3. Both these curves are drawn on common field current base as shown in fig. From this
Synchronous Impedance Z
S
is calculated as follows,
Synchronous Impedance Z
S
= (E
1
/I
1
) at I
f
= I
fr
and E
1
is the Rated voltage.
(Ratio of Open circuit voltage per phase to short circuit current per phase for the same field
current) Stator resistance R
a
is measured. This measured value of R
a
per phase is
multiplied by 1.5 to take into account the skin effect.

I
f
in A
OCC
SCC
I
SC
E
0
Volts E
1
I1

Knowing R
a
Synchronous reactance is calculated as X
S
= Z
s
2
R
a
2.
Now the induced
emf (E
0
) can be calculated by drawing the phasor diagram for a given Load current and
the rated output voltage, using these values of X
s
and R
a
. Phasor diagram for any load
and power factor can be drawn as follows.

FOR UPF LOAD
Taking load current I as reference vector, phasor diagram for UPF load can be drawn as
0
E
O
C
I A B
V IaRa
IXs


=
2
+
2

= [( +

)
2
+(

)
2
]

Where E
0
is the no load induced emf per phase, V is the rated terminal voltage per phase and I
is the load current.

FOR LAGGING PF LOADS
E
O
IaRa
V
I

IXs

In this case the induced emf is given by

= ( cos +

)
2
+( sin +

)
2


Where cos is the load power factor

FOR LEADING PF LOADS
I
E
O
V
IaRa
IXs

= ( cos +

)
2
+( sin

)
2




The % regulation in each case can be calculated as,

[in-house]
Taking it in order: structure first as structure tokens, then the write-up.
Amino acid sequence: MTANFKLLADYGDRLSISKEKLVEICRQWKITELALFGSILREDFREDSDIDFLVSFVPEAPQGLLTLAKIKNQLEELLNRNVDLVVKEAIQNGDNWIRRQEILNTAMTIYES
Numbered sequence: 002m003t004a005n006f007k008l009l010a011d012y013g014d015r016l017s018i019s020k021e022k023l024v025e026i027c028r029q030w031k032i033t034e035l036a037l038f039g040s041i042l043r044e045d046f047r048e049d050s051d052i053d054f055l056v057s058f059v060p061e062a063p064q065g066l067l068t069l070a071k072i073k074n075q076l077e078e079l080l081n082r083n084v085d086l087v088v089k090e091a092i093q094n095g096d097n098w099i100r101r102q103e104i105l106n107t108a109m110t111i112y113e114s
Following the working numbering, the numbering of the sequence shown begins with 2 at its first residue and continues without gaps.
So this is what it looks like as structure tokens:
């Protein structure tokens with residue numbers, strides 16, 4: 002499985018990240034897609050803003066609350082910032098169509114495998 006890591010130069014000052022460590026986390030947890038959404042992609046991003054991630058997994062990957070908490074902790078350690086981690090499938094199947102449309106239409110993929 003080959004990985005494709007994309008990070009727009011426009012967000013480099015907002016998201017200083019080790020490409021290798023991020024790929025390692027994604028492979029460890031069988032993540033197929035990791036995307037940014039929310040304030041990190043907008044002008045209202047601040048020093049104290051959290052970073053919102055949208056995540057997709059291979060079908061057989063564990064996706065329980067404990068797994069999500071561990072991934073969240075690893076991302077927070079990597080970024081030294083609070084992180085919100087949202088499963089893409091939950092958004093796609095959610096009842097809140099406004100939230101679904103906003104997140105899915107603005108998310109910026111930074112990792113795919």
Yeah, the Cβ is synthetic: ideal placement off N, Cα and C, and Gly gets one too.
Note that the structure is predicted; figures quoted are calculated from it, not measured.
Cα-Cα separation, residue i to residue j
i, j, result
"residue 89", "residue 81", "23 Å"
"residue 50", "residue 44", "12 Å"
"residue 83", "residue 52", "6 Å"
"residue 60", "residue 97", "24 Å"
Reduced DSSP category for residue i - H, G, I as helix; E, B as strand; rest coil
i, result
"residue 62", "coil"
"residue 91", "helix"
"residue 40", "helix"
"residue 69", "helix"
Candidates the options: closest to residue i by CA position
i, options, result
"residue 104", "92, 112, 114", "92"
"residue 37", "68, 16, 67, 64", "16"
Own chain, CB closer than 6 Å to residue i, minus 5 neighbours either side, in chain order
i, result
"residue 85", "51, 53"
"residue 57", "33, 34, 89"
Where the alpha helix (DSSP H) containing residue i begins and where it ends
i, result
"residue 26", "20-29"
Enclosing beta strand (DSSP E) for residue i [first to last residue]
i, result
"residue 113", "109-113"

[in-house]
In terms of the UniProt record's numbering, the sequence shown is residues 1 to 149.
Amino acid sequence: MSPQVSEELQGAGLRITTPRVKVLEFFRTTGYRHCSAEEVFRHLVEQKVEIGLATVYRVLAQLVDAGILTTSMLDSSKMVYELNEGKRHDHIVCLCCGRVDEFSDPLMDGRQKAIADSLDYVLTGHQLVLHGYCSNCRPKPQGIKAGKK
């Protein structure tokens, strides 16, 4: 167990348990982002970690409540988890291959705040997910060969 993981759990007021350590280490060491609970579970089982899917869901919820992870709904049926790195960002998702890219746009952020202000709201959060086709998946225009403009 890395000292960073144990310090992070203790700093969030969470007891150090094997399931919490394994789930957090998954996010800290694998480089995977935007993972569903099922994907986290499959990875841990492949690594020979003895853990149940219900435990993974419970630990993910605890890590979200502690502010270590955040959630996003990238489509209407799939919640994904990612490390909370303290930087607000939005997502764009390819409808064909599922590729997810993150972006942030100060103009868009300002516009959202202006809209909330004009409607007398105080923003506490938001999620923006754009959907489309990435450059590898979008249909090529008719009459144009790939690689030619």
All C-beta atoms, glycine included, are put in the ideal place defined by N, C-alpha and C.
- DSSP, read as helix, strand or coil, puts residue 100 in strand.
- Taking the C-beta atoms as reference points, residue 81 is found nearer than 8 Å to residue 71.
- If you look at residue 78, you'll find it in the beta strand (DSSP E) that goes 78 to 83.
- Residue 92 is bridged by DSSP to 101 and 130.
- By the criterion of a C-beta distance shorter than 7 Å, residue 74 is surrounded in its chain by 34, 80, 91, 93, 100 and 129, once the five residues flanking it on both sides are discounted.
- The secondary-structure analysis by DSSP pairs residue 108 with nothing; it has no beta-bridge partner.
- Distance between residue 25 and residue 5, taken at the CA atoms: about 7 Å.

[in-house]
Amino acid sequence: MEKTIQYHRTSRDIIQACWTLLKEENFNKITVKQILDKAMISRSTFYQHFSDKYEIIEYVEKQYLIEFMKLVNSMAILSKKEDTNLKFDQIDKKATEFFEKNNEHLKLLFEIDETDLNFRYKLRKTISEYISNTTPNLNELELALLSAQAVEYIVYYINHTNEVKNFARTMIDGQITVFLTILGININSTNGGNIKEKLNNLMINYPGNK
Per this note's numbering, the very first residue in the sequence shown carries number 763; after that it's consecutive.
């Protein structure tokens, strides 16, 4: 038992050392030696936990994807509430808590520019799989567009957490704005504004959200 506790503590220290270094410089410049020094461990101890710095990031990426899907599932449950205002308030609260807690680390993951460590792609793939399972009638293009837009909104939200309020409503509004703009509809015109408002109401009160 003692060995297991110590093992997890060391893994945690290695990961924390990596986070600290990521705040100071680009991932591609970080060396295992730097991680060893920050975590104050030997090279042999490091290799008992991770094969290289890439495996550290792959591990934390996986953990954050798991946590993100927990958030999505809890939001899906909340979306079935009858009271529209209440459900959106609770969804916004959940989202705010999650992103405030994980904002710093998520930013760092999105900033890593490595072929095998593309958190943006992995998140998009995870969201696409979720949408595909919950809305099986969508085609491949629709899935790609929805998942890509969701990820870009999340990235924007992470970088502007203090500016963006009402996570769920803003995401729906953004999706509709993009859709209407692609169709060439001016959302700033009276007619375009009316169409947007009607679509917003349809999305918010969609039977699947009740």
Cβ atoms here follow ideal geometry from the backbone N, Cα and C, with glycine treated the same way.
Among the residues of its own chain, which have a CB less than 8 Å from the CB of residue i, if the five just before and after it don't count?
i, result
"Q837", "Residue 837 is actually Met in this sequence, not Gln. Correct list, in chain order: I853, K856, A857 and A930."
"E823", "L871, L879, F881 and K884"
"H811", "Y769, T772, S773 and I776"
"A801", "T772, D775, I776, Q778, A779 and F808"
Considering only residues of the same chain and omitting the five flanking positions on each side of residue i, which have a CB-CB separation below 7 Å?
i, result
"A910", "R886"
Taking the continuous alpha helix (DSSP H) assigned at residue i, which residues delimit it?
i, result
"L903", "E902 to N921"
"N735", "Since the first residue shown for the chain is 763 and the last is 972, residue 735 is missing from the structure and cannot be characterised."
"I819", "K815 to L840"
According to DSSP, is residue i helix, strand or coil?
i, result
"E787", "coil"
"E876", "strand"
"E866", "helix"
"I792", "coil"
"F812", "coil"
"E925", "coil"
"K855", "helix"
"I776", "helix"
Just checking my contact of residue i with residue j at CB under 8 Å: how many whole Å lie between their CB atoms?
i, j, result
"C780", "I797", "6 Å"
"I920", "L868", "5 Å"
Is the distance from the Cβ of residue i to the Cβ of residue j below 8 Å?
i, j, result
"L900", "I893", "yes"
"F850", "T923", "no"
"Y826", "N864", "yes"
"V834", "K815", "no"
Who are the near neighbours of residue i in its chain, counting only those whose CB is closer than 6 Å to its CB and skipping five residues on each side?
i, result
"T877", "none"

% =
(


TABULATION
EMF METHOD
Terminal
Voltage
Load
Fraction
Load
Current
(Amp.)
Load Power
Factor
Induced EMF
(E
O
)
%
Regulation
25% 0
0.8(lag)
0.8(lead)
50% 0
0.8(lag)
0.8(lead)
75% 0
0.8(lag)
0.8(lead)
100% 0
0.8(lag)
0.8(lead)

% Regulation Vs Load Current for different power factors is plotted
MMF METHOD OR AMPERE TURN METHOD
This method also utilizes OC and SC test results. In this method, the total field Ampere turns
required to produce rated voltage on any given load is calculated.

The total field AT required is the vector sum of the field AT required to produce rated voltage
on No load and field AT required to produce a given load current on short circuit current. Since
the number of turns is constant for a machine the current can be calculated and the
corresponding EMF from the OCC can be observed.

If OA is the field current I
f1
required to produce rated voltage on no load and AB is the I
f2
is the
field current required to produce the rated current on short circuit, then the total field current
I
f
required to produce the rated voltage on full load can be calculated as follows

FOR UPF LOAD
I
f
A
B
I
f1
I
f2

The Total Field Current

=
1
2
+
2
2




FOR LAGGING PF LOAD

0
I
f1
I
f2
I
f
A
B
90 +


The Total Field Current

=
1
2
+
2
2
+2
1

2
cos


FOR LEADING POWER FACTOR LOAD

I
f
I
f1
I
f2
0
A
B


The Total Field Current

=
1
2
+
2
2
2
1

2
cos


After calculating the total field current I
f
required to produce rated voltage on full load in each
case, the corresponding induced voltage E0 can be found from OCC.
% =
(


The Total field current can also found graphically as follows
EO

OCC
SCC
0 A
B
I
f
in A
90 +
Educed
emf EO


MMF METHOD FULL LOAD REGULATION
Terminal
Voltage
Load
Fraction
Load
Current
(Amp.)
Load Power
Factor
Induced EMF
(E
O
)
%
Regulation
25% 0
0.8(lag)
0.8(lead)
50% 0
0.8(lag)
0.8(lead)
75% 0
0.8(lag)
0.8(lead)
100% 0
0.8(lag)
0.8(lead)
% Regulation Vs Load Current for different power factors is plotted





RESULT AND INFERENCE